Biden, Democrats battle with perceptions of over-promising

Biden, Democrats battle with perceptions of over-promising

Brett Samuels

Democrats fighting to retain their majorities in this year’s midterm are grappling with a disappointed electorate that sees their party as having promised more than it has delivered.
Much of the last year was focused on the Democratic effort to pass a huge social spending and climate change package known as the Build Back Better agenda, which toppled in the face of opposition from a Democratic senator — Joe Manchin of West Virginia.
Progressives said the Build Back Better legislation was the real legislative prize for a White House and Congress controlled by Democrats, casting it as much more important than a separate piece of legislation — a $1.4 trillion infrastructure bill that did become law with GOP support.
Some on the left even threatened to vote against the infrastructure bill, which has complicated Biden’s efforts to present it as a major achievement of his first year in office.
That’s not the only disappointment for Democrats either, who failed to pass new voting rights legislation or a change to the filibuster rule in the Senate.
Now that disappointment is biting the party. An NBC News poll released late last month showed 67 percent of Republicans saying they had a high level of interest in the midterms. By comparison, 50 percent of Democrats said they had a high level of interest.
An ABC News/Ipsos poll released April 10 found an even wider gap: 55 percent of Republicans said they are very enthusiastic about voting in the midterms, compared to 35 percent of Democrats who said the same.
Some Democrats are sounding the alarm, warning that the party is in for a disappointing election season if it can’t rally together and fulfill some high profile promises to energize its base.
“I think we need to get stuff done, and that’s the G-rated version of it. We really need to finish delivering on some big deal promises we made during the 2020 election and on the ones we can’t deliver on because we don’t have 50 votes, then we need to be shown swinging the bat as hard as we can,” Sen. Elizabeth Warren (D-Mass.) said this week on “Pod Save America.”
In a New York Times op-ed, Warren urged President Biden to use his powers to cancel student loan debt and lower prescription drug prices. She wrote that Democrats in Congress should come together to close tax loopholes for the ultra-wealthy and corporations.
Biden in a January press conference denied that he over-promised to voters what he could get done and pledged to “stay on this track.”
But in the months since, inflation has remained high, the U.S. has grappled with new coronavirus variants, and the Russian invasion of Ukraine has upended global markets and consumed much of Biden’s attention.
Democratic strategists largely did not fault Biden for coming into office with sweeping plans for addressing climate change, racial inequality, voting rights and other issues.
“Ambition is good, and I think ambition is what you want to hear from our elected officials, and I think he came in with an ambitious agenda,” said Michael Ceraso, a progressive strategist and founder of Winning Margins.
Matt Bennett, a co-founder of the centrist think tank Third Way, noted it’s not unusual for presidents to come in and fail to pass a key part of their agenda. He pointed to Bill Clinton’s inability to pass health care reform and Barack Obama’s inability to get a cap and trade deal over the finish line.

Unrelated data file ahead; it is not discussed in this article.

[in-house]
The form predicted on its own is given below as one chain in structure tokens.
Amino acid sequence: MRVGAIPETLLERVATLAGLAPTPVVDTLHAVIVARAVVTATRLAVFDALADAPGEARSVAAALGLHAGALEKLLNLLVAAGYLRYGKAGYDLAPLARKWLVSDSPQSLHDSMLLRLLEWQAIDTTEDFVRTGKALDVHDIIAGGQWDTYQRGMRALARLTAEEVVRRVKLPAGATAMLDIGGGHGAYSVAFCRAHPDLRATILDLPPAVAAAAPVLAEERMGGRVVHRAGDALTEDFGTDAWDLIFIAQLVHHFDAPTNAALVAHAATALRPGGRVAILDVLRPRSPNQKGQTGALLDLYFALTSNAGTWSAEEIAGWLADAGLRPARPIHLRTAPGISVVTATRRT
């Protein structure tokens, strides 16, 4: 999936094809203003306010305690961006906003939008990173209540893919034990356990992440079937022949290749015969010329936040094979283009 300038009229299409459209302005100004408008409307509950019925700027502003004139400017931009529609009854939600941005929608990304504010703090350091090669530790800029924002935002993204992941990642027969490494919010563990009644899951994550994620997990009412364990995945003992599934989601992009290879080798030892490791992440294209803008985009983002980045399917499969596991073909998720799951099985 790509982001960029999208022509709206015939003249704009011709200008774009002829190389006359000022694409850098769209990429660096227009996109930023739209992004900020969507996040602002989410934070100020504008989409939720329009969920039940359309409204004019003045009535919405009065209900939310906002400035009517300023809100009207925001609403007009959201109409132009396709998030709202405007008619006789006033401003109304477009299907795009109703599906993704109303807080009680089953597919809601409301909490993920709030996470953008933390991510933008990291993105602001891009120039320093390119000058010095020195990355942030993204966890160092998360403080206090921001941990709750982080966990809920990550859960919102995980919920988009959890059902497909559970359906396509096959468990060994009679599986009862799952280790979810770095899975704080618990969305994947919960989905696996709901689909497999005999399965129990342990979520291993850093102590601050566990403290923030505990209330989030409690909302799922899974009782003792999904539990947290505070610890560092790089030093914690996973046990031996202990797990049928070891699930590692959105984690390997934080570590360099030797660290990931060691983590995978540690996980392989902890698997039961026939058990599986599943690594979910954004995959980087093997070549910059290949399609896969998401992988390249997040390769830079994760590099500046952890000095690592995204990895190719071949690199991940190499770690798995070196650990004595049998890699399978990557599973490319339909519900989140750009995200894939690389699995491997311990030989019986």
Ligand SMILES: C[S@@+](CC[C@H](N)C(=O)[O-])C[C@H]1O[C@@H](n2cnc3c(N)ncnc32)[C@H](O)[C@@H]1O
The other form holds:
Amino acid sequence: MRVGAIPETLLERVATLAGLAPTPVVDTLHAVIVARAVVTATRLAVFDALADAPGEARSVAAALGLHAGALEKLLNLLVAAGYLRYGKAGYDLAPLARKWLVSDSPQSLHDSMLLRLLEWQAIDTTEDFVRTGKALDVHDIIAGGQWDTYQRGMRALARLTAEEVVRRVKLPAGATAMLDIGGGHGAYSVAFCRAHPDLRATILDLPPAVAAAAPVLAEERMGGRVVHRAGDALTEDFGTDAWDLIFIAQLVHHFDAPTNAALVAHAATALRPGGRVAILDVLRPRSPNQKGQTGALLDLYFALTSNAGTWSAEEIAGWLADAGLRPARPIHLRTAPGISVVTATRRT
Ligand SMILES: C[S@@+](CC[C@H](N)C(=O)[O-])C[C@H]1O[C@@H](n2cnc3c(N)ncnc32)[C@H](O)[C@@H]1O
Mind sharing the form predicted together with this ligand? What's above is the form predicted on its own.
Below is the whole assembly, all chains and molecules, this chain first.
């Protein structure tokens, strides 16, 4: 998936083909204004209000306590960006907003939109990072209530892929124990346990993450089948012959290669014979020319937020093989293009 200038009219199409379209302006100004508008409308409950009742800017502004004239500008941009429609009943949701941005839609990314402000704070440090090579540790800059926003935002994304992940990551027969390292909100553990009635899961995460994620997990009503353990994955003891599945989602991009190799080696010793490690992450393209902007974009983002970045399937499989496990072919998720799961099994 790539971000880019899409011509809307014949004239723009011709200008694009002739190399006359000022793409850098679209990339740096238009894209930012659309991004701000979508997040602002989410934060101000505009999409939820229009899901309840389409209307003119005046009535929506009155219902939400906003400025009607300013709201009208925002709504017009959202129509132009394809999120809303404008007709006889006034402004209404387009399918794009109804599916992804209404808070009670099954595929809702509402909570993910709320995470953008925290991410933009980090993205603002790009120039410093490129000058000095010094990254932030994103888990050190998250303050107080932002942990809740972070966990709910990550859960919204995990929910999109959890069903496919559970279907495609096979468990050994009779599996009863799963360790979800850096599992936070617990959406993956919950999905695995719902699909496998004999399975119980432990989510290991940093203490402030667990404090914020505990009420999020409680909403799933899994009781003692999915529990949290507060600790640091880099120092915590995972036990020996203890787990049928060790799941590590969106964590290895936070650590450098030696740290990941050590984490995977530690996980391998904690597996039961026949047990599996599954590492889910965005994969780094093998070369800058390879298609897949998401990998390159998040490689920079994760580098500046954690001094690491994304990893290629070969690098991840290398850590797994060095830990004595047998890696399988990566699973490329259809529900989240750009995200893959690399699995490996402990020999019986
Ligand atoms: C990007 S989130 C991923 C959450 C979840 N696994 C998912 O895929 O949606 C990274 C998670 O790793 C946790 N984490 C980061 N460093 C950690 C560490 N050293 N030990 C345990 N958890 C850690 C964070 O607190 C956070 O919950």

“There are groups of voters that would have liked Biden to have achieved more in their areas of interests,” Bennett said. “It isn’t clear to me that Biden’s approval ratings are low because voters think he hasn’t done enough. They’re low because of inhalation, and there’s not a lot he can do on that in the short term.”
White House officials acknowledge there is more they’d like to get done before November, when Republicans may well take majorities in both chambers of Congress. But they point to a laundry list of accomplishments Biden has to campaign on, including the infrastructure bill, the American Rescue Plan, strengthening the Affor-dable Care Act, the confirmation of the first Black woman to the Supreme Court, a largely successful vaccination campaign and consistently low unemployment numbers.
Asked about Warren’s op-ed at a White House briefing, press secretary Jen Psaki pointed to making the tax system more fair, funding child care and family care programs, providing more funding to fight the pandemic and an innovation bill meant to strengthen the ability for the U.S. to compete with China as items the administration would love to see passed this year.
“I would say I’m not going to make political predictions from here,” she added when asked if passing those items would be enough to retain majorities in Congress. “What I will say, though, is that everybody looks at a choice and what each party is fighting for, is advocating for, has gotten accomplished, but also what their vision is for the future. And we’re proud of our vision.”
For Biden, the problem may be more about getting the message across about what he’s done.
Speaking to donors in Portland, Ore., on Thursday night, Biden expressed optimism that Democrats could not just retain the majority in the Senate, but pick up two Senate seats. And he indicated he would make a more concerted effort to connect with voters and explain what Democrats have achieved over the past year.
“I admit to you, what I haven’t done — and the reason I’m getting out on the road again instead of dealing with the day-to-day emergencies in my office — is making the case of what we’ve done,” Biden said.
“I’m determined to make sure we keep the House and the Senate,” he added.

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